The University Record, March 25, 1998
Editor’s Note: The following actions were taken by the Regents at their March meeting.Administrative appointments OK’d
Administrative appointments included:
Eugene Pijanowski, professor of art, was reappointed associate dean for undergraduate education of the School of Art and Design for a one-year term, effective July 1.
Alexander D. Knysh, professor of Islamic studies, will serve as chair of the Department of Near Eastern Studies, for three years, effective July 1.
Two named to professorships
Two faculty members were appointed to professorships.
Max S. Wicha, professor of internal medicine, was named to an endowed chair, the Distinguished Professorship of Oncology. Charles F. Yocum, professor of biology and of chemistry, was appointed to a named collegiate professorship, the Alfred S. Sussman Professorship of Biology.
Wicha, whose research interest is in the field of breast cancer, is director of the Comprehensive Cancer Center. “His research involves the study of how breast cancer cells grow and metastasize, and his bibliography reflects numerous book chapters and peer-reviewed scientific articles in this area of investigation,” said A. Lorris Betz, interim dean of the Medical School. “His expertise is further recognized through his activities as a reviewer for a number of prominent scholarly publications, and he has served on the boards of many national cancer-related organizations.”
Yocum has “an impeccable scientific reputation and is an internationally recognized authority in the field of photosynthesis,” said LS&A Dean Edie N. Goldenberg. “His research has been to understand how the enzyme system called photosystem II releases oxygen from water. This project gained impetus from his discovery of the method by which the enzyme could be isolated in a pure, highly active form. Building on this discovery, his group has uncovered a number of new properties of photosynthetic oxygen production.”
$5.5 million in gifts accepted
The Regents accepted $5,571,627 in gifts received during February. The total included $3,314,632 from individuals, $1,078,043 from corporations, $415,181 from foundations, and $763,771 from associations and others.
Tenure appointments approved
Tenured faculty appointments included:
Gilbert S. Omenn, executive vice president for medical affairs, will be professor of internal medicine with tenure, professor of human genetics without tenure and professor of public health without tenure, effective Sept. 4, 1997.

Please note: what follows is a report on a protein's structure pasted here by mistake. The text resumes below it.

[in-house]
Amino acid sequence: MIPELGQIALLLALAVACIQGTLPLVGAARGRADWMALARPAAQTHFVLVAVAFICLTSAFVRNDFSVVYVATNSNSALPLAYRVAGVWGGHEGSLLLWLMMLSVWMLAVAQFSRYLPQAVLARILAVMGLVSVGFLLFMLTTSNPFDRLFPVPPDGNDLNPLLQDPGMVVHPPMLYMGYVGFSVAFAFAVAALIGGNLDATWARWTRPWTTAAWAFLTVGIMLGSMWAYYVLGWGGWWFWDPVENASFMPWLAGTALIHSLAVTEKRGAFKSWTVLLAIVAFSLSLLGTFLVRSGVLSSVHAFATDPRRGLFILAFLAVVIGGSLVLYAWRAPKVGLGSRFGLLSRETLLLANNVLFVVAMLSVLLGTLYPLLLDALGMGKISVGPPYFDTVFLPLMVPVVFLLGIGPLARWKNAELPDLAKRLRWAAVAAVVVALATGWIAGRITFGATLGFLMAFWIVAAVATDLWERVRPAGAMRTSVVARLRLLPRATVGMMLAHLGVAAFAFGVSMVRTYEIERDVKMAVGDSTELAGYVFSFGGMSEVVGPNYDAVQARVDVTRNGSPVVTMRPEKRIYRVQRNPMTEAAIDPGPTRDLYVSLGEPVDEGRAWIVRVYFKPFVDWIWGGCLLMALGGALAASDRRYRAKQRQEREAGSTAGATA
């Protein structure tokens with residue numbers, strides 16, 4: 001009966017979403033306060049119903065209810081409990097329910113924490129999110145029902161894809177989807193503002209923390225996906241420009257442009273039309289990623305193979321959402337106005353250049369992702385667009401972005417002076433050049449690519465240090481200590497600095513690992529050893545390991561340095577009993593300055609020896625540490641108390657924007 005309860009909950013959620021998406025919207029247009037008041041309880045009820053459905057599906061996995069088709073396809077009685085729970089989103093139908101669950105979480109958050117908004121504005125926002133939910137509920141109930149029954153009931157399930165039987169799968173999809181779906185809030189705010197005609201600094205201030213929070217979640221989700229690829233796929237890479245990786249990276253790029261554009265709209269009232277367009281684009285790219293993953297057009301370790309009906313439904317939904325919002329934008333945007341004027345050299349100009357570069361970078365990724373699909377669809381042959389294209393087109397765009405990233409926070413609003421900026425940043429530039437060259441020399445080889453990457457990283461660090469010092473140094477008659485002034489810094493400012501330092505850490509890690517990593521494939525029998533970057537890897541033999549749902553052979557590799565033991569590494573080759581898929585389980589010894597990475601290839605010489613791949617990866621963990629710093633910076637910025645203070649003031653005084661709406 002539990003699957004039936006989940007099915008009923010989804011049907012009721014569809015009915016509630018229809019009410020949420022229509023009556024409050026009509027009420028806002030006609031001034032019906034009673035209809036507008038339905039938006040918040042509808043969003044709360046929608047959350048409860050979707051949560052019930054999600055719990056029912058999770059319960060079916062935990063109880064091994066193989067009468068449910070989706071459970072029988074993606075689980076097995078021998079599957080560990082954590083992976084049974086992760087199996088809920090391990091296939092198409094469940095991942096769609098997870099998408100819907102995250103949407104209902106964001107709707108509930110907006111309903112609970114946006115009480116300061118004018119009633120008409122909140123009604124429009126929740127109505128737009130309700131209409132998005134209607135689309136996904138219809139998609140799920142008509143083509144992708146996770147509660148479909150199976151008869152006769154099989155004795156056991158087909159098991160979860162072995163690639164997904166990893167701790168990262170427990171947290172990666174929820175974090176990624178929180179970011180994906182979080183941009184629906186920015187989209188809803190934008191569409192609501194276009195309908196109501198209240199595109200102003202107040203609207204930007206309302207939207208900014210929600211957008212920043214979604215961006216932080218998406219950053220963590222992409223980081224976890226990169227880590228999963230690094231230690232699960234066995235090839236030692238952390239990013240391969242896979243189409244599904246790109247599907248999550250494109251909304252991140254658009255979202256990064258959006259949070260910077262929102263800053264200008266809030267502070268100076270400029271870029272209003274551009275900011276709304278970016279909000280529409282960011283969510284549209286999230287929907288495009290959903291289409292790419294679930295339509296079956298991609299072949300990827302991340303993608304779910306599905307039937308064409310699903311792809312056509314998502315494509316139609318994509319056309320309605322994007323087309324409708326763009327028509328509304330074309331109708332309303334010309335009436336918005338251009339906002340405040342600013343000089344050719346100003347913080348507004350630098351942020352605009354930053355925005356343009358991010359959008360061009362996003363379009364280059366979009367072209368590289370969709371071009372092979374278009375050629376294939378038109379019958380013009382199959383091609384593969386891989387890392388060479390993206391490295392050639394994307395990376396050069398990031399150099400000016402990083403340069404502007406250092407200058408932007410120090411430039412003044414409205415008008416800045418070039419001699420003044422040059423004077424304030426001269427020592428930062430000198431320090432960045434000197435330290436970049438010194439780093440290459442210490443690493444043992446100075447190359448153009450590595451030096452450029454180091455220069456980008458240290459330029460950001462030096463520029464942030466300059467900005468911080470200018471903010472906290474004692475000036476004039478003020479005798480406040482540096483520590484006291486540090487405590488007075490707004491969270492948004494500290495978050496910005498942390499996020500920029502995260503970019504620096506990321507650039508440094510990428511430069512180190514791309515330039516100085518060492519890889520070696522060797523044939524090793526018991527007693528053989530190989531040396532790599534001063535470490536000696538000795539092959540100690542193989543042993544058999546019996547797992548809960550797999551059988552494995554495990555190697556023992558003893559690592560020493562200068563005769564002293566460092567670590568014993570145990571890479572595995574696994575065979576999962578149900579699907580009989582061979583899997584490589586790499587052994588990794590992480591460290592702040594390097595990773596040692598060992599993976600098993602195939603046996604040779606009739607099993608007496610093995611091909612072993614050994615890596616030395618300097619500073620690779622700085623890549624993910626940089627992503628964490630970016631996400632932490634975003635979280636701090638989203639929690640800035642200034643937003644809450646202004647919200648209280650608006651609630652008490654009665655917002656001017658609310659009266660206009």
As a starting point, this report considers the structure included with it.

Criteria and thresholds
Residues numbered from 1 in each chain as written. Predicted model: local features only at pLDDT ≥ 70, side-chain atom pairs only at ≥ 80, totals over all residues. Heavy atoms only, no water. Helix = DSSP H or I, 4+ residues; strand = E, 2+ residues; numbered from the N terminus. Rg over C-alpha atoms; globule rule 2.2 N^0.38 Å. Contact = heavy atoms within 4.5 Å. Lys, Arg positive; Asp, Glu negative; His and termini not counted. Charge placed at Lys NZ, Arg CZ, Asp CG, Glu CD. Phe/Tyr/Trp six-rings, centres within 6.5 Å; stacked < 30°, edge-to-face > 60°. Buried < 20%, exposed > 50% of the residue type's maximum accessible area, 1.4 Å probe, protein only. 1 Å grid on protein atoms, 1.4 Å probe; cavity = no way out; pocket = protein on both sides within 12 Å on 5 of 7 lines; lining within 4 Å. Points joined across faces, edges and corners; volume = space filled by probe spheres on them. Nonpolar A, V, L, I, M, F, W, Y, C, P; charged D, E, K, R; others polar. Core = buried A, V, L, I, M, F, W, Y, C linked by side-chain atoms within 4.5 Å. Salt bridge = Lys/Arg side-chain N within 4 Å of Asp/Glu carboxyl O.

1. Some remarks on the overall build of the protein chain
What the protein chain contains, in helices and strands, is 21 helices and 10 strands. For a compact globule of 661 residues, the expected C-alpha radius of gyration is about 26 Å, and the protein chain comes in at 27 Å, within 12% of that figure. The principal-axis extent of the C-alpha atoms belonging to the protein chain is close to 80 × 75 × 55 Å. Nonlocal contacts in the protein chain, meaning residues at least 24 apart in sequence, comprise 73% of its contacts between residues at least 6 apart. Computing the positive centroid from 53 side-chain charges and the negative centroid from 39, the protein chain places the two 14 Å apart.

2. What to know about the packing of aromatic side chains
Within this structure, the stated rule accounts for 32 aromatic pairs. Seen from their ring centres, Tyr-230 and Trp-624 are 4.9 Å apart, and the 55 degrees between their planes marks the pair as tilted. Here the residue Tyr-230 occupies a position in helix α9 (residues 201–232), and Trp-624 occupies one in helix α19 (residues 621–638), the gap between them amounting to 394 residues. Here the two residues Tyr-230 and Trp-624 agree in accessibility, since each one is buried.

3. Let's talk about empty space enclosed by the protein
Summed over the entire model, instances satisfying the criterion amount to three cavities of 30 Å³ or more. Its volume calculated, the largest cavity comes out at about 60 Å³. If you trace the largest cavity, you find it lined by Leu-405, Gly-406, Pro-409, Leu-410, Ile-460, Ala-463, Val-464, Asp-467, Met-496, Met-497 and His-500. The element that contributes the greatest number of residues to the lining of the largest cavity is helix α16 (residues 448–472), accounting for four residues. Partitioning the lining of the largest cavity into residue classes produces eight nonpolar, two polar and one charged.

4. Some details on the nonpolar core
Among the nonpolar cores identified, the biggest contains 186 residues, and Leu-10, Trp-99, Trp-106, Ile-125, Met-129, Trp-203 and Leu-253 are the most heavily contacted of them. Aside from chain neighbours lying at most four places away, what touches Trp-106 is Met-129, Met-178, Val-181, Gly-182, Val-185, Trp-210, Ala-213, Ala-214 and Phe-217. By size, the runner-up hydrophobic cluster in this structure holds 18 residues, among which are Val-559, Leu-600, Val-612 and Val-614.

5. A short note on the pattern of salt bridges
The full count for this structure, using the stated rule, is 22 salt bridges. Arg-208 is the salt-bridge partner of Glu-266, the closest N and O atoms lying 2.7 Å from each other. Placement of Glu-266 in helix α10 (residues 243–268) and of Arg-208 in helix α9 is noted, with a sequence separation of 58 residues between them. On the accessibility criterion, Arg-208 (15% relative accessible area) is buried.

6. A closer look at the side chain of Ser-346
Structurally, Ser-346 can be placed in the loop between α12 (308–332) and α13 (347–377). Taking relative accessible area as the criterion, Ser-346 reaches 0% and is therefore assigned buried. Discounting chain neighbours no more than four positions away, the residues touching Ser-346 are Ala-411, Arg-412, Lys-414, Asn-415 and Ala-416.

James H. Vincent, from the University of Minnesota School of Public Health, will be professor with tenure, and chair of the Department of Environmental and Industrial Health, effective June 1, 1998.
Four faculty members retire
Four faculty members were given the emeritus title.
Those retiring are Walker E. Fesmire, U-M-Flint professor of accounting; Martin Mayman, professor of psychology; Ingo E. Seidler, professor of German; and Farris W. Womack, professor of education and former executive vice president and chief financial officer.
Fesmire joined the Flint faculty in 1982. “In 1983, he became the faculty adviser of the Student Accounting Club,” the Regents noted. “Through his guidance, the club petitioned and received a charter as Eta Xi Chapter of Beta Alpha Psi in 1988. Through the years, he has continued to lead this group and has been recognized nationally as an outstanding faculty adviser. The chapter has also twice been named a Superior Chapter by the national Beta Alpha Psi organization in 1989 and 1990. He has twice been the recipient of the Faculty Achievement Award for Distinguished Service at the U-M-Flint (1987 and 1994) and has also been awarded the Michigan Accountancy Foundation Doctoral Grant.”
Mayman, who joined the U-M in 1966, served as associate director of the Psychological Clinic in 1967-73 and as co-director in 1974-81. “His early research focused on personality assessment, psychological testing, and projective techniques,” the Regents said. “He continued to research psychological testing, authoring or co-authoring 28 papers on the topic, many of which have become classics in the field. He later became interested in shame and its role in development and in psychopathology. Prof. Mayman was a caring clinical supervisor who influenced generations of clinical psychology students with his clinical acumen and his extraordinary sensitivity.”
Seidler joined the U-M in 1957. “His teaching and research cover broad areas of modern German, Austrian, and comparative literature (English, American and French), especially poetry and drama in the 19th and 20th centuries; criticism; literary theory; aesthetics; philosophy; and literature,” the Regents said. “He has published extensively on Nietzsche, Rilke, Heidegger, Kafka, Benn, Brecht, Canetti, literary translation and many other important topics. His translations of modern German poetry have appeared in numerous American literary magazines and journals.”
Womack joined the U-M in 1988 as the University’s executive vice president and chief financial officer. “Within the School of Education, he contributed to the graduate program in higher education by teaching courses in business and finance, by mentoring graduate students, and by serving on dissertation committees,” the Regents said. “During his tenure as executive vice president and chief financial officer, the University’s endowment grew five-fold, to more than $1.7 billion, and the institution became the only public university to earn an Aa1 credit rating.”